International and national use of complementary and alternative medicine (CAM) is high in the general population and among patients. The level of knowledge about CAM among health care professions is low, but an interest in receiving education about this field has been observed. Concerning surgical care, previous studies indicate a wide range of CAM use among patients, but the level of knowledge among health care professions is poorly investigated, both internationally and in Sweden. Concerning CAM therapies in the management of signs and symptoms in surgical care, transcutaneous electric nerve stimulation (TENS) was used with a variety of effectiveness and osteopathic medicine was found to be poorly investigated in this context. The overall objective of this thesis was to investigate CAM in the surgical context with a focus on health care professions’ perceptions and understanding and the usefulness of therapy in symptom management in clinical settings. Both inductive (paper I; semi structured interviews, n=16) and deductive (paper II; questionnaire, n=737) methods were used to investigate perceptions and understanding of CAM among Swedish health care professions in surgical care. TENS as a pain relieving complement during the transition from epidural analgesia (EDA) to general analgesia after major abdominal surgery was investigated in a randomized controlled trial design (paper III; n=20). Osteopathic intervention in management of chronic signs and symptoms after thoracotomy was investigated with a single-subject research design (paper IV; n=8). The results reveal that surgical health care professions understand and perceive CAM as a wide range of therapies, remedies and systems. Their self valued level of knowledge was low, both concerning CAM and CAM research, but a desire was found to gain knowledge about CAM. A majority of the participants would consider learning a CAM therapy. Dialog about and referral to CAM occurred, but to a limited extent. Concerning therapy usability, TENS was not found to significantly relieve pain, promote recovery or reduce consumption of analgesics. In addition, comments from nurses and patients indicated that TENS treatment obstructed postoperative care. A significant improvement was observed in the osteopathic intervention in stiffness and benefits for pain, but not in breathing. The comprehensive conclusion of the thesis is that Swedish health care professions recognise the concept of CAM and some of its therapies, but their knowledge is in general low. Concerning therapy usability and the effectiveness of CAM in surgical care, the context is essential; TENS after major abdominal surgery in EDA elimination is questionable as concerns pain and its clinical application, while osteopathy may be beneficial in the management of chronic signs and symptoms after thoracotomy.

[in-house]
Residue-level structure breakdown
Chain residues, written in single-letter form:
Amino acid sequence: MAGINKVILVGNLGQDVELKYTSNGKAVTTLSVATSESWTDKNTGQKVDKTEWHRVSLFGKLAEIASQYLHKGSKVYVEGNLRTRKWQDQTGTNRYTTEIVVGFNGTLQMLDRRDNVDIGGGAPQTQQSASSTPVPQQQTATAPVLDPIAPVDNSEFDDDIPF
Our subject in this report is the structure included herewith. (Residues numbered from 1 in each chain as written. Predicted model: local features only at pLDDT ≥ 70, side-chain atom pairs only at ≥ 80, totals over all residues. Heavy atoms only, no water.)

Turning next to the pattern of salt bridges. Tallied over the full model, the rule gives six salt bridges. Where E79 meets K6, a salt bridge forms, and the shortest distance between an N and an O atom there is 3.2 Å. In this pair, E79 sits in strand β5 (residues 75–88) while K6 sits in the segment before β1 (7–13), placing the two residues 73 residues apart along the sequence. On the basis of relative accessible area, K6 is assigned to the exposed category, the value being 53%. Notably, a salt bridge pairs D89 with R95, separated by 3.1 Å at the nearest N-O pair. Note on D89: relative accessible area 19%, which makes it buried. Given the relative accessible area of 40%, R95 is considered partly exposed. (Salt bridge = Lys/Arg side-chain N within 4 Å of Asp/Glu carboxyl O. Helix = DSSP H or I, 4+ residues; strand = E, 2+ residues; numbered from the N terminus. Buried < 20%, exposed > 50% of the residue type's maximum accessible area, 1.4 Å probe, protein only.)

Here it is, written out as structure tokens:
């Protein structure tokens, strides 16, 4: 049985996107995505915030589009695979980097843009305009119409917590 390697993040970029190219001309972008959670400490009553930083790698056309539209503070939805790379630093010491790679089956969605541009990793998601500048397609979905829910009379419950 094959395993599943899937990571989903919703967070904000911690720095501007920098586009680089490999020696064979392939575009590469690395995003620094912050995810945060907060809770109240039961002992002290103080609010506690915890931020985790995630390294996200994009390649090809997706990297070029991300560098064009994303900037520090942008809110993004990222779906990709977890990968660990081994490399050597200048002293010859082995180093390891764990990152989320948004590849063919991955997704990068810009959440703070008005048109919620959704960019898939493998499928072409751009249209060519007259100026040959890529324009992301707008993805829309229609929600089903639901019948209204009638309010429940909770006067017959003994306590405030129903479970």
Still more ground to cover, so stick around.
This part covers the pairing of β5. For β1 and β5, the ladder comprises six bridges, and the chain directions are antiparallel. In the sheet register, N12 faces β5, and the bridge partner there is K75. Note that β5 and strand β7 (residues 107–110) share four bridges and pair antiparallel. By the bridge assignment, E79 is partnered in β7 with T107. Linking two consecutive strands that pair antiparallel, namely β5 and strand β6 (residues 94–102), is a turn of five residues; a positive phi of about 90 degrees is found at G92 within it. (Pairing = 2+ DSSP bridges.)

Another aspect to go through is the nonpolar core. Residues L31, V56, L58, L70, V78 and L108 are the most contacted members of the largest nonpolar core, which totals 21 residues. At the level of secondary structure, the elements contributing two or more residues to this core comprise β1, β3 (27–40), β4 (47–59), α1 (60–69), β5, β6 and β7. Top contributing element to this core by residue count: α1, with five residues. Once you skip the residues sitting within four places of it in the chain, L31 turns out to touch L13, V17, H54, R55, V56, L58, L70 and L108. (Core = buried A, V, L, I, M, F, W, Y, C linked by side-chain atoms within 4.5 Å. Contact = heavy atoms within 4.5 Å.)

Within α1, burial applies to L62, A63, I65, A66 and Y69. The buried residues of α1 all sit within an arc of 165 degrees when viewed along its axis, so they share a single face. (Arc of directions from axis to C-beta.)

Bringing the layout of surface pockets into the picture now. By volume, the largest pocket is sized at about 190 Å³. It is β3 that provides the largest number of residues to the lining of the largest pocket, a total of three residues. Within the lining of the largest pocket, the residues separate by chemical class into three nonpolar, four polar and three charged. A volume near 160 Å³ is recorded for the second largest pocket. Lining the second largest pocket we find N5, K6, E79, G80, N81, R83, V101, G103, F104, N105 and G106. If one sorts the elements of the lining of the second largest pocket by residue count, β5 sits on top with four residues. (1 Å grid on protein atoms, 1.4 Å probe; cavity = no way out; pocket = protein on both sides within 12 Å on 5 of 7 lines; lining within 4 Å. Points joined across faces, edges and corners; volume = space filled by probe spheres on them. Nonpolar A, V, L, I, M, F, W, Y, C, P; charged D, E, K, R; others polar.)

Subjects/Keywords: Complementary Therapies; Komplementära terapier; Complementary medicine; Komplementära metoder; Complementary and Alternative medicine (CAM); Komplementär och alternativmedicin (KAM); Surgery; Kirurgi; Surgical Care; Kirurgisk vård; Transcutaneous electric nerve stimulation (TENS); Osteopathic Medicine; Osteopati; Perceptions; Uppfattningar; Knowledge; Kunskap; Epidural Analgesia; Post-thoracic symptoms